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Teen mentoring program needs your help!

LIFE MENTORS: Warren Stewart and fellow mentor Edith Thomsen, with two of the students who successfully completed the last round of CCSSM mentoring.
LIFE MENTORS: Warren Stewart and fellow mentor Edith Thomsen, with two of the students who successfully completed the last round of CCSSM mentoring. Alison Houston

HAVE you got one or two hours each week for just 10 weeks to help improve a teenager's life?

That's the goal of Central Coast Secondary Schools Mentoring,, an in-school program providing students in Years 9 and 10 with supportive one-on-one mentoring to plan for their next step in education, training or employment.

Warren Stewart is in his second year as a mentor, having retired to the Central Coast and set himself the target of "serving the community".

He had just walked in from "helping a young man with his HSC exam" when Seniors Newspapers first tracked him down.

This isn't part of the mentoring program, but another of Warren's volunteer positions. He's also a JP, works on the fundraising side of CCSSM (which gets no government funding), and is establishing business links so CCSSM participants can take part in industry visits.

At nearly 70 years old, Warren said he's "full of fire", and would love every Year 9-10 student on the Central Coast to have a mentor if it were possible.

There are currently six schools involved in the program and just 45 mentors, explaining the plea for new volunteers.

"Most of us are retired, and on that basis bring a wealth of experience that no-one else can provide, not even their parents or teachers," Warren said.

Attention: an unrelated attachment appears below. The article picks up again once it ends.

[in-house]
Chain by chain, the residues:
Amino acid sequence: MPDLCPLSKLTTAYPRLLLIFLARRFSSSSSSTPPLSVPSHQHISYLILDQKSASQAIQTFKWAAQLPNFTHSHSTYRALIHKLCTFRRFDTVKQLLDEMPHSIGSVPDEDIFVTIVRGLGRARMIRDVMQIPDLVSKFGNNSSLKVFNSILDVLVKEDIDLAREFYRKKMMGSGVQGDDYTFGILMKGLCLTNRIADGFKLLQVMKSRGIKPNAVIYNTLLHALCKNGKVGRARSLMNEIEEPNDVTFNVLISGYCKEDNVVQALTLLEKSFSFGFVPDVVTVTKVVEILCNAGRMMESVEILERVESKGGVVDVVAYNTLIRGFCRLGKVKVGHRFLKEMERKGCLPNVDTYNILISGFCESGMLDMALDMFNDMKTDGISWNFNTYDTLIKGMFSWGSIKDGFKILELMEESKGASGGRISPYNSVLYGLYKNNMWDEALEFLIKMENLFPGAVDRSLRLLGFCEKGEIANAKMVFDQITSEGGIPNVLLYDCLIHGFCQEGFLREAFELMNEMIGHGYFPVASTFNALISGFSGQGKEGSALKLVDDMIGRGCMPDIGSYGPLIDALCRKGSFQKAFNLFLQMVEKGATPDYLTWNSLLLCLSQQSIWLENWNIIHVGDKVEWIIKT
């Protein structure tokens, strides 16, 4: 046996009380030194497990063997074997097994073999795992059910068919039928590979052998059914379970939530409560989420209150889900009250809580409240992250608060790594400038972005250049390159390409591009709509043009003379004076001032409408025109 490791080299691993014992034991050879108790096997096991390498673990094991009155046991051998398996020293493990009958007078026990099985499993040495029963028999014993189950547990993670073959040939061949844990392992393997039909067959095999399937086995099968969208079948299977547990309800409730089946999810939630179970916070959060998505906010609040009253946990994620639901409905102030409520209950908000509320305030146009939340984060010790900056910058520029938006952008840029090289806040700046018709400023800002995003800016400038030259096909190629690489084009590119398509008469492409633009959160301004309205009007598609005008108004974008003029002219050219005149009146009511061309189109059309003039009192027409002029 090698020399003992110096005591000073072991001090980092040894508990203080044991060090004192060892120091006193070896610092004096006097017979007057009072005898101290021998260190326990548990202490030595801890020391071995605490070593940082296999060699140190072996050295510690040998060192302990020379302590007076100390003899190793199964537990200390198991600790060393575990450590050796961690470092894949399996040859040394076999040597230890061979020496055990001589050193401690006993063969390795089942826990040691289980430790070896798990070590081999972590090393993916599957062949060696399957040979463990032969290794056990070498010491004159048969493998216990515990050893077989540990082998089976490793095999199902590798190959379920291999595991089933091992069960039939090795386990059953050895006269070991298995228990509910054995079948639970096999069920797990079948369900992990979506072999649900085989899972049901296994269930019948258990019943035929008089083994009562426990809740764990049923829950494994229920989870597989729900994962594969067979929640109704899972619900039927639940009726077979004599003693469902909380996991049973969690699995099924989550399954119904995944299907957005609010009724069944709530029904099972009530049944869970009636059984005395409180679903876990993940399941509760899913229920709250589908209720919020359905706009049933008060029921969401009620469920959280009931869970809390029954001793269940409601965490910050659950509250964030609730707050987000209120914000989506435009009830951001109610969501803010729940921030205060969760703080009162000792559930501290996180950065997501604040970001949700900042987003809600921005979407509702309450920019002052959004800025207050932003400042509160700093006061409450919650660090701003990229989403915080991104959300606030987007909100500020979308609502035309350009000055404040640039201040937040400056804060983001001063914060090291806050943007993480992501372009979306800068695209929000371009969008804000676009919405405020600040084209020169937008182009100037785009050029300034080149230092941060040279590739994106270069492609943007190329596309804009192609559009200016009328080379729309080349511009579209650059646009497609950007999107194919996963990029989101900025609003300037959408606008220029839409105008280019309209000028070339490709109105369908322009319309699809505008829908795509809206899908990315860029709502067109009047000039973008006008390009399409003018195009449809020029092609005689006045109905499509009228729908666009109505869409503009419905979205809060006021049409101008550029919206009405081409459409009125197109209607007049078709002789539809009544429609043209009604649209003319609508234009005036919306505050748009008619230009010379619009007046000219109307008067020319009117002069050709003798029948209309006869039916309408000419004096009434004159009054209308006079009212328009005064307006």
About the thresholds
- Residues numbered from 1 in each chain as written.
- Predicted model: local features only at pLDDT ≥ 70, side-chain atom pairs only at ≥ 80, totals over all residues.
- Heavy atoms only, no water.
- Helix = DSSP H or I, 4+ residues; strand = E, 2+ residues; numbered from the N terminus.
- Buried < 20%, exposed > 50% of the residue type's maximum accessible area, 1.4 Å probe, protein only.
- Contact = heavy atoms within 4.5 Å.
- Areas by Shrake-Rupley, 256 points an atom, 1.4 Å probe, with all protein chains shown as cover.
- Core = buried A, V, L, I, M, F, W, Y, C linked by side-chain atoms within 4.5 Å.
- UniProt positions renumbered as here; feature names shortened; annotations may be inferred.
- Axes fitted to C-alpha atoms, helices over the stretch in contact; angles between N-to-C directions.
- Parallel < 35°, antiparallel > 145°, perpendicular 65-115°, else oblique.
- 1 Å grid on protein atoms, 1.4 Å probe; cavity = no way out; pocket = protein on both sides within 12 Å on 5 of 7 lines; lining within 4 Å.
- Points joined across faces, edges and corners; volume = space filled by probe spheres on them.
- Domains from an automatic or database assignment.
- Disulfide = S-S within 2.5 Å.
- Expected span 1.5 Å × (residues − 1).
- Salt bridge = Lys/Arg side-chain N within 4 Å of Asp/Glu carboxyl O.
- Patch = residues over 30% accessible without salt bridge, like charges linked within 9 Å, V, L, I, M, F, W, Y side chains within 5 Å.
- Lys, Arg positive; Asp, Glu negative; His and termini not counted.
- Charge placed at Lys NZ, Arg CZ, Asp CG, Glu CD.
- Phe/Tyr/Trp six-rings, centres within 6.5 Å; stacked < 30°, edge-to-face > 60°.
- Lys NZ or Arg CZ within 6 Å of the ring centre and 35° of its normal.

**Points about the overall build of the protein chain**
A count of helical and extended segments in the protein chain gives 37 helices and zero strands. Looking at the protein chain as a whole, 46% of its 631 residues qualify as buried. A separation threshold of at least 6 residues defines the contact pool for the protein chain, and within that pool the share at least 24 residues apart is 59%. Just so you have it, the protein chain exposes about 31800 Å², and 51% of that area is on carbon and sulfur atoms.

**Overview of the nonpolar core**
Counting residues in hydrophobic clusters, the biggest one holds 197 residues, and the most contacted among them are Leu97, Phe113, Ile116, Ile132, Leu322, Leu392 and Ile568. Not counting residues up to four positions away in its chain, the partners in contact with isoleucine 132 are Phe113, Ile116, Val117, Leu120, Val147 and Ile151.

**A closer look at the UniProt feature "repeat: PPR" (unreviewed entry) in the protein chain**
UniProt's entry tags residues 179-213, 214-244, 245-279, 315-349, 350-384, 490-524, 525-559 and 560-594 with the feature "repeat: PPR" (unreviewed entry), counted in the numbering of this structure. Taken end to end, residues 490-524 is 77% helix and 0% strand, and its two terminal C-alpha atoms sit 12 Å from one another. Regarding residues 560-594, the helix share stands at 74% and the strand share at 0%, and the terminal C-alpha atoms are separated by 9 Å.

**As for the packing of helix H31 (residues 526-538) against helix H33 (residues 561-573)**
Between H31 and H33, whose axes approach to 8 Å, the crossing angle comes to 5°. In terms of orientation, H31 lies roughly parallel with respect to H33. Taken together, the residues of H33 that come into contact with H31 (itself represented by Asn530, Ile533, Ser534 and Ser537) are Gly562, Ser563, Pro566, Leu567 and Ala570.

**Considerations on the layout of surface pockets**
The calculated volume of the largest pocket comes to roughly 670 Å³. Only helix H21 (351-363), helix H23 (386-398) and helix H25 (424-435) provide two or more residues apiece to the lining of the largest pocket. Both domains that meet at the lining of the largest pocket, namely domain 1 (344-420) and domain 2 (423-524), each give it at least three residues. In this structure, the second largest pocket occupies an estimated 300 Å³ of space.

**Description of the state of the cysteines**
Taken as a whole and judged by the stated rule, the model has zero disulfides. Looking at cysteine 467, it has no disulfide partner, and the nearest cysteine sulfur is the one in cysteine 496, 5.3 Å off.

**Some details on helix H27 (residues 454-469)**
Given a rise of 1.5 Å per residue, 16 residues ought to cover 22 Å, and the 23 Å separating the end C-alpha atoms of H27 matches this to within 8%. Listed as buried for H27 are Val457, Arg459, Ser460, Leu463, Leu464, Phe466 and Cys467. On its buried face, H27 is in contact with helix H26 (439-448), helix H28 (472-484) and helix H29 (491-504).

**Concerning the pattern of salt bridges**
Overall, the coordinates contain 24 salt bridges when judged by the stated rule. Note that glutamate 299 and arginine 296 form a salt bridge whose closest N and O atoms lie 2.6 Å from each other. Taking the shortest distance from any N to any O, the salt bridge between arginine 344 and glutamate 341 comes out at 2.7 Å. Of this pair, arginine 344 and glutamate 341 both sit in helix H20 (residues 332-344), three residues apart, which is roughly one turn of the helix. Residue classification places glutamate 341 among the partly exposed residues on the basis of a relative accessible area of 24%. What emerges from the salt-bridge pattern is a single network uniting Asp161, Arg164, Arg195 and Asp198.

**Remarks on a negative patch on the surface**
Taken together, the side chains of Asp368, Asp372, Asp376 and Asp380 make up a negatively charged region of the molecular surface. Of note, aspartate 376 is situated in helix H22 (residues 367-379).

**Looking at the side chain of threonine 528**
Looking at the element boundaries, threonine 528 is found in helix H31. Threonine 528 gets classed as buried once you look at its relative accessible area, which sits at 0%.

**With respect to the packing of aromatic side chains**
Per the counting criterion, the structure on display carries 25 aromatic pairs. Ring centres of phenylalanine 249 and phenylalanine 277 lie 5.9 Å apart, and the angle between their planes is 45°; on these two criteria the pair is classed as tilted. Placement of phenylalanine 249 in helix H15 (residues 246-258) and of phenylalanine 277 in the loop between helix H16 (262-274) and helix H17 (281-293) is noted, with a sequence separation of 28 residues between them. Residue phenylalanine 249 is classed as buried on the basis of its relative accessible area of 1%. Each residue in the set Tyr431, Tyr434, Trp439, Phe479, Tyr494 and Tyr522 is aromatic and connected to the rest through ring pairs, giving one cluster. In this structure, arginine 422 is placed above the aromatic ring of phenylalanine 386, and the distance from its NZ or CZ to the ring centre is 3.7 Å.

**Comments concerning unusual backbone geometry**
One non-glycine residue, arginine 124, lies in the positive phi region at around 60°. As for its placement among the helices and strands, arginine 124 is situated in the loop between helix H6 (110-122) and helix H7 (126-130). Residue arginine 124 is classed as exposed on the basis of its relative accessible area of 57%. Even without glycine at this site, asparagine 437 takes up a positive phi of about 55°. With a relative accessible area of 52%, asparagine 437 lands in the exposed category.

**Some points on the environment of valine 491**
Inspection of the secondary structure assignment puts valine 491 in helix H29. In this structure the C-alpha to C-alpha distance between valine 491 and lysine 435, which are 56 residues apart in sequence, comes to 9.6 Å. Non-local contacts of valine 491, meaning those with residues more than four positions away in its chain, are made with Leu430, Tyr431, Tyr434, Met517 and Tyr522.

"We're talking to 15-16 year-olds and there's no agenda, no judgement or criteria - we're complete neutrals just there to hear what they want to say.

"Often they will discuss things with us that Mum and Dad or the teachers may not know about."

Over the years, that has included one student revealing they lived under a bridge, and another that they had to regularly go to the Salvos for food parcels.

While there are no statistics to prove the program's achievements, Warren said anecdotal examples included potential drop-outs deciding to go on to Year 11 and 12 - he's had three of those - students with better life skills, greater self-confidence, better behaviour, attitude and respect, reduced school absenteeism, and students who have been helped to prepare resumes that lead to jobs.

And the fact that some former mentees go out of their way to say hello when they bump into Warren at the shopping centre, he reckons, says a lot in itself.

"It's not a case of convincing them to go on, or to come to school, it's a case of putting alternative cases for them to consider," Warren said.

"I say to the kids, if you want me to help you, I can't. If you want to help yourself, I can give you a wealth of information.

"It's all about life skills - we're not educators."

No qualifications are needed to be a mentor, apart from being a good listener. Training is provided and volunteers require a police check and must have a Working with Children number (costs are reimbursed).

The six high schools currently taking part are Woy Woy, Erina, Narara, Kincumber, Tumbi Umbi and Berkeley Vale (where mentoring has been running for almost 20 years).

The next training session is in February. For more details or to volunteer, contact Berkeley Vale acting principal Carlie Wells on 4388 1899 or email carlie.wells@det.nsw.edu.au.

Topics:  alison houston central coast community general-seniors-news mentoring


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